Maggolee – meaning ‘here in this place’ in Woiwurrung language - was developed and is managed by Reconciliation Victoria with funding from Local Government Victoria. The website celebrates and promotes good reconciliation practice in Victorian Local Government, and aims to support engagement and partnerships between the local government sector and Aboriginal and Torres Strait Islander communities. Maggolee provides links to interactive maps and information about Victoria detailing Aboriginal Languages, Registered Aboriginal Parties and Local Government Areas making it a useful tool for students, educators and those wanting to expand their knowledge of Aboriginal Victoria. Since its launch in October 2015, Reconciliation Victoria has promoted Maggolee to all 79 councils across Victoria and at least 86% of councils have used the website either as a resource to support their practice or to update their Local Government Profile Page. This year we were pleased to receive a three year funding committment from Local Government Victoria to keep Maggolee up to date, maintain, develop and promote the resource. During the year there were 64,137 visits to the website, seen by almost 12,622 different website users. Over 73% of visits to the site are new users viewing on average 5-6 different pages per session. These are strong statistics that speak to the value and potential of this resource across Victoria. In September 2016, we conducted a survey of local government users of Maggolee to obtain information on the effectiveness and ease of navigation of the website. The feedback was overwhelmingly positive and provided valuable suggestions to further support councils their engagement with Aboriginal communities.
To support our communications and engagement strategy, we also held four workshops with local council staff together with representatives from Local Aboriginal Networks, the Eastern Metropolitan Region Local Government Indigenous Planners Network, Local Reconciliation Groups networks, Aboriginal community and other stakeholders. Reconciliation Victoria also provided feedback to the Victorian Aboriginal Local Government Action Plan that was launched by Local Government Victoria in December 2016. Reconciliation Victoria plays a lead role in two actions (Maggolee and Community HART Awards) and is listed as a support for two additional actions. Reconciliation Victoria continues to seek input from Aboriginal Victoria, the Municipal Association of Victoria, Local Government Victoria, the Victorian Local Governance Association, Victorian Aboriginal Heritage Council and LGPro on the ongoing development of Maggolee . For more information visit: www.maggolee.org.au Image : ‘Meeting Place’ Aboriginal Education program at Yapeen near Castlemaine.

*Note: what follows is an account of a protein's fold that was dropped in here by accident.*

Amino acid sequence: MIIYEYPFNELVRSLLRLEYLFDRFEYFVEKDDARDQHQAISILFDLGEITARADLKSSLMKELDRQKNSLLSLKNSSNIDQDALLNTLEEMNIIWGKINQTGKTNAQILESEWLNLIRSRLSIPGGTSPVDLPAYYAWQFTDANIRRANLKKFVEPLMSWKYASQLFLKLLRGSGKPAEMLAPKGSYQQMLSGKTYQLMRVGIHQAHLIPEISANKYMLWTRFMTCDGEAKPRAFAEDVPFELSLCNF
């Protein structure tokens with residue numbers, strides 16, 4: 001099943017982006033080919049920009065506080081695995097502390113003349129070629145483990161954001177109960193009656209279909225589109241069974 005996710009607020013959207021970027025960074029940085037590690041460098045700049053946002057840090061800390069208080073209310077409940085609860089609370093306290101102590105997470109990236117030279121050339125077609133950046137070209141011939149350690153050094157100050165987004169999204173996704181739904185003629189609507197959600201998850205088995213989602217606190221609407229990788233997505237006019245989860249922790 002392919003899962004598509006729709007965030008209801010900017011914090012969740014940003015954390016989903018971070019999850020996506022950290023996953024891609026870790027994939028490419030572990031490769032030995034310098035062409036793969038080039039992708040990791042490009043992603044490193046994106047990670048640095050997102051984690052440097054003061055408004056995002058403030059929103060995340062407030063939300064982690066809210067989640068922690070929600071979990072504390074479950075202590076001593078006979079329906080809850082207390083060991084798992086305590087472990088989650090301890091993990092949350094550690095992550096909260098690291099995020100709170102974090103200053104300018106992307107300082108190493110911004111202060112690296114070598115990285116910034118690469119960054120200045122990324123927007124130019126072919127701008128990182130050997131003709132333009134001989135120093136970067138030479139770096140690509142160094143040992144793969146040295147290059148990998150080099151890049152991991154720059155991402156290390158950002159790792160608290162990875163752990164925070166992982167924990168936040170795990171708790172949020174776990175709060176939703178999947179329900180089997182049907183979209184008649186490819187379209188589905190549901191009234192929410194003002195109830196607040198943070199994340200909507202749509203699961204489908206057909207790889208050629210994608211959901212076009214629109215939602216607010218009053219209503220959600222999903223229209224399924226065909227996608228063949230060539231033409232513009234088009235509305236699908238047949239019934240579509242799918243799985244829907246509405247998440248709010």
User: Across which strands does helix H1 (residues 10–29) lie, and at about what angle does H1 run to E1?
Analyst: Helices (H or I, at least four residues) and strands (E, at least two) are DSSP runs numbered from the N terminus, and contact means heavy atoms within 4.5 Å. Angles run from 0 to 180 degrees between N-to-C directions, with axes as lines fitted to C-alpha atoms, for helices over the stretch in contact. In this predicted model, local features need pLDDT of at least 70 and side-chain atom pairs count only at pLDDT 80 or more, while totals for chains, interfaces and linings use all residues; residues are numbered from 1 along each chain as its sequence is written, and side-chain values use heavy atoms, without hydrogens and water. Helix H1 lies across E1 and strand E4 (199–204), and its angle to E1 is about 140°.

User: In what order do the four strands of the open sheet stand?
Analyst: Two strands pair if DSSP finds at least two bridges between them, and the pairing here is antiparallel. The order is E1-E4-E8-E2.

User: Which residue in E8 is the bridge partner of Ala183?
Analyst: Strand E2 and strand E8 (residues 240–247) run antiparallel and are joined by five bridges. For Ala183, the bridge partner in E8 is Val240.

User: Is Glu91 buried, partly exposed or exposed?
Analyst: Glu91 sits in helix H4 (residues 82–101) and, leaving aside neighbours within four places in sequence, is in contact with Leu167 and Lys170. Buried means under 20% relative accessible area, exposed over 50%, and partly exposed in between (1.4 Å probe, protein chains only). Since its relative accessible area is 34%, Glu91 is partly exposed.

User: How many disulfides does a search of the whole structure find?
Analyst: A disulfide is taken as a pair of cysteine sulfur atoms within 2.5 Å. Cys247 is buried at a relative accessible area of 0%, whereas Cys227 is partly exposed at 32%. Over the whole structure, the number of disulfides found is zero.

Annual Report 2016 - 2017
Constitutional Reform and Treaty Reconciliation Victoria is committed to facilitating greater community awareness and understanding on the issues of Treaty and Constitutional Reform, and in particular to provide a balanced and informed voice on these issues to Reconciliation Victoriaâ€™s supporters and networks. This year we continued to inform our networks around ongoing selfdetermination and treaty developments in Victoria and the national constitutional reform agenda. The political landscape changed substantially across both areas during this time. Reconciliation Victoria has developed written and verbal updates for Local Reconciliation Groups to inform their work at the local level around Constitutional Reform and Treaty. Reconciliation Victoria encourages the reconciliation network and wider community to stay informed, and to talk with local Aboriginal and Torres Strait Islander community members about their reactions to the constitutional reform and treaty developmentsâ€Ś. It is not our time to act just yet. There is a process in train and we must wait for Aboriginal communities and individuals to determine appropriate directions. Then we will have some principles on which our actions can be based. For more information and news around Treaty and Constitutional Reform please head to www.reconciliationvic.org.au
RecVic always can be counted on for support and help.
2017 Treasurer's Report
Reconciliation Victoria Inc Statement of Financial Position As at 30 June 2017
I am pleased to present the 2017 financial accounts for Reconciliation Victoria.